"A lot of people don't trust him," said John Hulbert, 70, a taxi driver and Labor supporter who lives on Barnsbury Street with his wife, Jean, a retired teacher. "You couldn't walk into a pub and talk about Blair -- they would throw you out."
Analysts point out that time and familiarity are generally unkind to world leaders, no matter what their accomplishments. U.S. presidents historically see their popularity wane in their second terms, including President Bush, whose approval ratings are at all-time lows.
"I don't think I have heard of a leader who remained popular in his last two years in office," Hulbert said. "England got rid of [Winston] Churchill after World War II and he was the greatest thing since sliced bread."
Even many of Blair's critics acknowledge that the British economy has flourished during his years. "He rejuvenated the country and made it more entrepreneurial, creative," Budimlija said. Her three-story house, formerly Blair's, stands on Richmond Crescent, a small street where a Jaguar, a BMW and the vans of renovation contractors are parked in front of houses whose values have jumped to as high as $3 million in the Blair era.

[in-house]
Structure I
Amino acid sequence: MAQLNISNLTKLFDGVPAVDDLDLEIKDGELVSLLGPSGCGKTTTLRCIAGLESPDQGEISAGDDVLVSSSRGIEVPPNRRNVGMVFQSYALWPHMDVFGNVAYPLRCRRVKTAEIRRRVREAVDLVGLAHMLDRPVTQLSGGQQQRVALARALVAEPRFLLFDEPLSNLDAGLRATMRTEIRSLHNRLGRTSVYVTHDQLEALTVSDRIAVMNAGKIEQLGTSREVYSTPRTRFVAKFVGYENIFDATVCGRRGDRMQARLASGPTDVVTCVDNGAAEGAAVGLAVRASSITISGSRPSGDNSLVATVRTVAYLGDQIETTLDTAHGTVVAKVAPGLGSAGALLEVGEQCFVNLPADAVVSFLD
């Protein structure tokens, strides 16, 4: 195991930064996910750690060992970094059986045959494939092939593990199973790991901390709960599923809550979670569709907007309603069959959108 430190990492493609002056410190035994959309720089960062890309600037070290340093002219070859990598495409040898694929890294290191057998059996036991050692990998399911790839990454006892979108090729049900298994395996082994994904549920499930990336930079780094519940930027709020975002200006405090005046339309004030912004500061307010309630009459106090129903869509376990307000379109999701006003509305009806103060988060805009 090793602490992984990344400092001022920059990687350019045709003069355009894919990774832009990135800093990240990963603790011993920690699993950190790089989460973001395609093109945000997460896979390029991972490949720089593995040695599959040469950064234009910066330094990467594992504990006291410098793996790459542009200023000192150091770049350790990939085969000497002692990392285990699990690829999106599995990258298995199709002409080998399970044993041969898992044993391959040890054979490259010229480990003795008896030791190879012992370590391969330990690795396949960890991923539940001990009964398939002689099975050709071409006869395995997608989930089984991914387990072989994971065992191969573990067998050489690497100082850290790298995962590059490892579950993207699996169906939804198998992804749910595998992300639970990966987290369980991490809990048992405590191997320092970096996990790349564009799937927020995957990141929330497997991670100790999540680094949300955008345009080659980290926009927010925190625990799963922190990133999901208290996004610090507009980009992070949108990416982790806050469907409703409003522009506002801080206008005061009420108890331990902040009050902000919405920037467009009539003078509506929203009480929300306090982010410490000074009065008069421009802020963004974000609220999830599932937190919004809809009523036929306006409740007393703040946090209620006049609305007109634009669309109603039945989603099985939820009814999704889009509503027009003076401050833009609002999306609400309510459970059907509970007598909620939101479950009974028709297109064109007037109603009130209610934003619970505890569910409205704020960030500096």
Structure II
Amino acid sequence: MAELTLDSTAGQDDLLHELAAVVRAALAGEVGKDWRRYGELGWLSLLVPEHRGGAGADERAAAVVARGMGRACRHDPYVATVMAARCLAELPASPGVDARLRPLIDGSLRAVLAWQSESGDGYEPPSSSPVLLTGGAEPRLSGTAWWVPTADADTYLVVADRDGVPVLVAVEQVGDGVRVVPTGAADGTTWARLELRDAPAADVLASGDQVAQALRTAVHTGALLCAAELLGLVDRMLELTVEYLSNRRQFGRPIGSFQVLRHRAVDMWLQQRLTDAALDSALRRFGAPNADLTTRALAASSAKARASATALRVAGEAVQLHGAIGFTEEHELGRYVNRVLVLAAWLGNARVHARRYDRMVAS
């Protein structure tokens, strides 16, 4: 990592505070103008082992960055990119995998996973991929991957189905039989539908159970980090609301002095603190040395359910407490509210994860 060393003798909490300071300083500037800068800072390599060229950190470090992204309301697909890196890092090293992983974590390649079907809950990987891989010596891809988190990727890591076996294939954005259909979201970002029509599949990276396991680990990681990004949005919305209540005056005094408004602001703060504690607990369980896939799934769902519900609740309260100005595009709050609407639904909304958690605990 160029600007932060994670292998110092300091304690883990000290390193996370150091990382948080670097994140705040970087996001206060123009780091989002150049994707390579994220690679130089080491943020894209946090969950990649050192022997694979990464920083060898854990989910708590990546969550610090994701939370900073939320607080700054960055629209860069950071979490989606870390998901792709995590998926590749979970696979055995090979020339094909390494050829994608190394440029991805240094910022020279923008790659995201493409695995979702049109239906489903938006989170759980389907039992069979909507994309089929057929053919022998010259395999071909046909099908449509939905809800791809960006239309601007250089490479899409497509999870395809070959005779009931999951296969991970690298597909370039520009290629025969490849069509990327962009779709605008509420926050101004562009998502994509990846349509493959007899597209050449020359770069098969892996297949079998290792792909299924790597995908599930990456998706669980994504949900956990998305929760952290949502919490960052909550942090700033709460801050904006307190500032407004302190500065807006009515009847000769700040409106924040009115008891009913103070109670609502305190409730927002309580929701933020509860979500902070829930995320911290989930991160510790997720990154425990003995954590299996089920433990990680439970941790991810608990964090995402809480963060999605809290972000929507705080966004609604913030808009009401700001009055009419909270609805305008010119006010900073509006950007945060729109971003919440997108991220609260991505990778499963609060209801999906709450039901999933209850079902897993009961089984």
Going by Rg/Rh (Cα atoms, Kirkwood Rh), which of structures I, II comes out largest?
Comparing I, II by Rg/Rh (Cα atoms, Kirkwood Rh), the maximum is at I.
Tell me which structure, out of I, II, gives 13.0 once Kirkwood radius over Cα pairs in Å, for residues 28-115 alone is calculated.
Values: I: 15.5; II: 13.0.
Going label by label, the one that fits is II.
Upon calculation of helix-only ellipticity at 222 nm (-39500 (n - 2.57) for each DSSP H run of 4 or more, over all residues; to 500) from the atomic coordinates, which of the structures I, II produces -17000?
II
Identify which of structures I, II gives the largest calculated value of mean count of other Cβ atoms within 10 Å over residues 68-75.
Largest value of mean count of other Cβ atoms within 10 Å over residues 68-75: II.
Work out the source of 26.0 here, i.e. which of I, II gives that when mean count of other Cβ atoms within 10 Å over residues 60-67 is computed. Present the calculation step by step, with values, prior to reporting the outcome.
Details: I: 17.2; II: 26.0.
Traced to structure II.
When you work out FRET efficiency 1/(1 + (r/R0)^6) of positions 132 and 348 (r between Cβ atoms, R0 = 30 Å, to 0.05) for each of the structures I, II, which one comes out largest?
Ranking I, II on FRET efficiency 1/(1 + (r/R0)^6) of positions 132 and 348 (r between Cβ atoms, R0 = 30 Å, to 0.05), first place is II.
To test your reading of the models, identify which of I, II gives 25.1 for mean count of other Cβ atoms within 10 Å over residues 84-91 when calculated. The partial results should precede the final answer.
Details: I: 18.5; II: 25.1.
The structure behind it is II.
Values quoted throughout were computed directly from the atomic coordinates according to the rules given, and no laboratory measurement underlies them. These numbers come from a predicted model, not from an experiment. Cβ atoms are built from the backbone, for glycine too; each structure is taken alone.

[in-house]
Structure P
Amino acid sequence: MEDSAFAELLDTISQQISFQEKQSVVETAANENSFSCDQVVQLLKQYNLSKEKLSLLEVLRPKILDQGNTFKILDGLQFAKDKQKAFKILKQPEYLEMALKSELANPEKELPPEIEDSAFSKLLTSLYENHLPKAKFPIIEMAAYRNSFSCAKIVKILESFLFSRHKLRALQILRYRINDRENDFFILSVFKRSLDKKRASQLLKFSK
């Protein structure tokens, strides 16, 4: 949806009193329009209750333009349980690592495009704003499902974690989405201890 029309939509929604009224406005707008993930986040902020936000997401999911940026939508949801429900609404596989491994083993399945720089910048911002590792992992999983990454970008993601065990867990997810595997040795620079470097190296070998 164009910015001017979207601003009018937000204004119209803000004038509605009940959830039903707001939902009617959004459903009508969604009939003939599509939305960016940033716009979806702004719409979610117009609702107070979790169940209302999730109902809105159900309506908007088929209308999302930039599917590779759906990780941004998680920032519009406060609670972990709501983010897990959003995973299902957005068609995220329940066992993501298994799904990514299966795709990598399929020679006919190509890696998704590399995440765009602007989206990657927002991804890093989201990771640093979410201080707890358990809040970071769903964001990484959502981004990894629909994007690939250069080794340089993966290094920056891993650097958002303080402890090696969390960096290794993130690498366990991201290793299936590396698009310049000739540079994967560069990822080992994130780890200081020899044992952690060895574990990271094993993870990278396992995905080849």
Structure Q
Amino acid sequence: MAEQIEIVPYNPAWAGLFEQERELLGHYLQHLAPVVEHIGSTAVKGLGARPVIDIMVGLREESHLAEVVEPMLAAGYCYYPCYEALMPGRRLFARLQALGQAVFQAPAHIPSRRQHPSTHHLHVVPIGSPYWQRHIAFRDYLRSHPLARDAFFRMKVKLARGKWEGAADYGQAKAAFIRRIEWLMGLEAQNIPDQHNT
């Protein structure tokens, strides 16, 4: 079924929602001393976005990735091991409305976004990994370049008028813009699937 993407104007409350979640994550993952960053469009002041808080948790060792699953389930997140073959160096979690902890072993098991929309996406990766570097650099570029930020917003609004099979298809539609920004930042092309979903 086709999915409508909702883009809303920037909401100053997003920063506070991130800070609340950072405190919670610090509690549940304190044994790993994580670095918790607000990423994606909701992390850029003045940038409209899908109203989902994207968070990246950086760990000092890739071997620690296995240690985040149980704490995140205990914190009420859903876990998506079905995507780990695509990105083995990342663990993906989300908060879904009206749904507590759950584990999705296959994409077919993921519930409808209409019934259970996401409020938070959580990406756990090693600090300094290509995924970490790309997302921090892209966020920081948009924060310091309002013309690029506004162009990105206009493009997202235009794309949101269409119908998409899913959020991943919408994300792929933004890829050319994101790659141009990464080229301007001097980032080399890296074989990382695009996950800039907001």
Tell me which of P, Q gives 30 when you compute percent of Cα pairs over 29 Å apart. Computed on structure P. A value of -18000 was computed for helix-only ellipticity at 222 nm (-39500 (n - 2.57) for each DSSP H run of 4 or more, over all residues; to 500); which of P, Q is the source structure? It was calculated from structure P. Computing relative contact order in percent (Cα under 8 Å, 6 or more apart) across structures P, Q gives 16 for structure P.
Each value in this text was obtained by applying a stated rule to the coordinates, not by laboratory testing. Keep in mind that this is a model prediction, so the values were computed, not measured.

The prime minister has been widely praised for his efforts to bring peace to Northern Ireland and Kosovo, and his dedication to eradicating poverty in Africa. Blair has often led Britain by means of the remarkable force of his personality and his talent for articulating issues as few others can.
Ruston Chichgeo, 44, an architect on Richmond Crescent, said Blair has done well by Britain. "Things are going pretty much okay," he said. He doesn't want to see Blair go.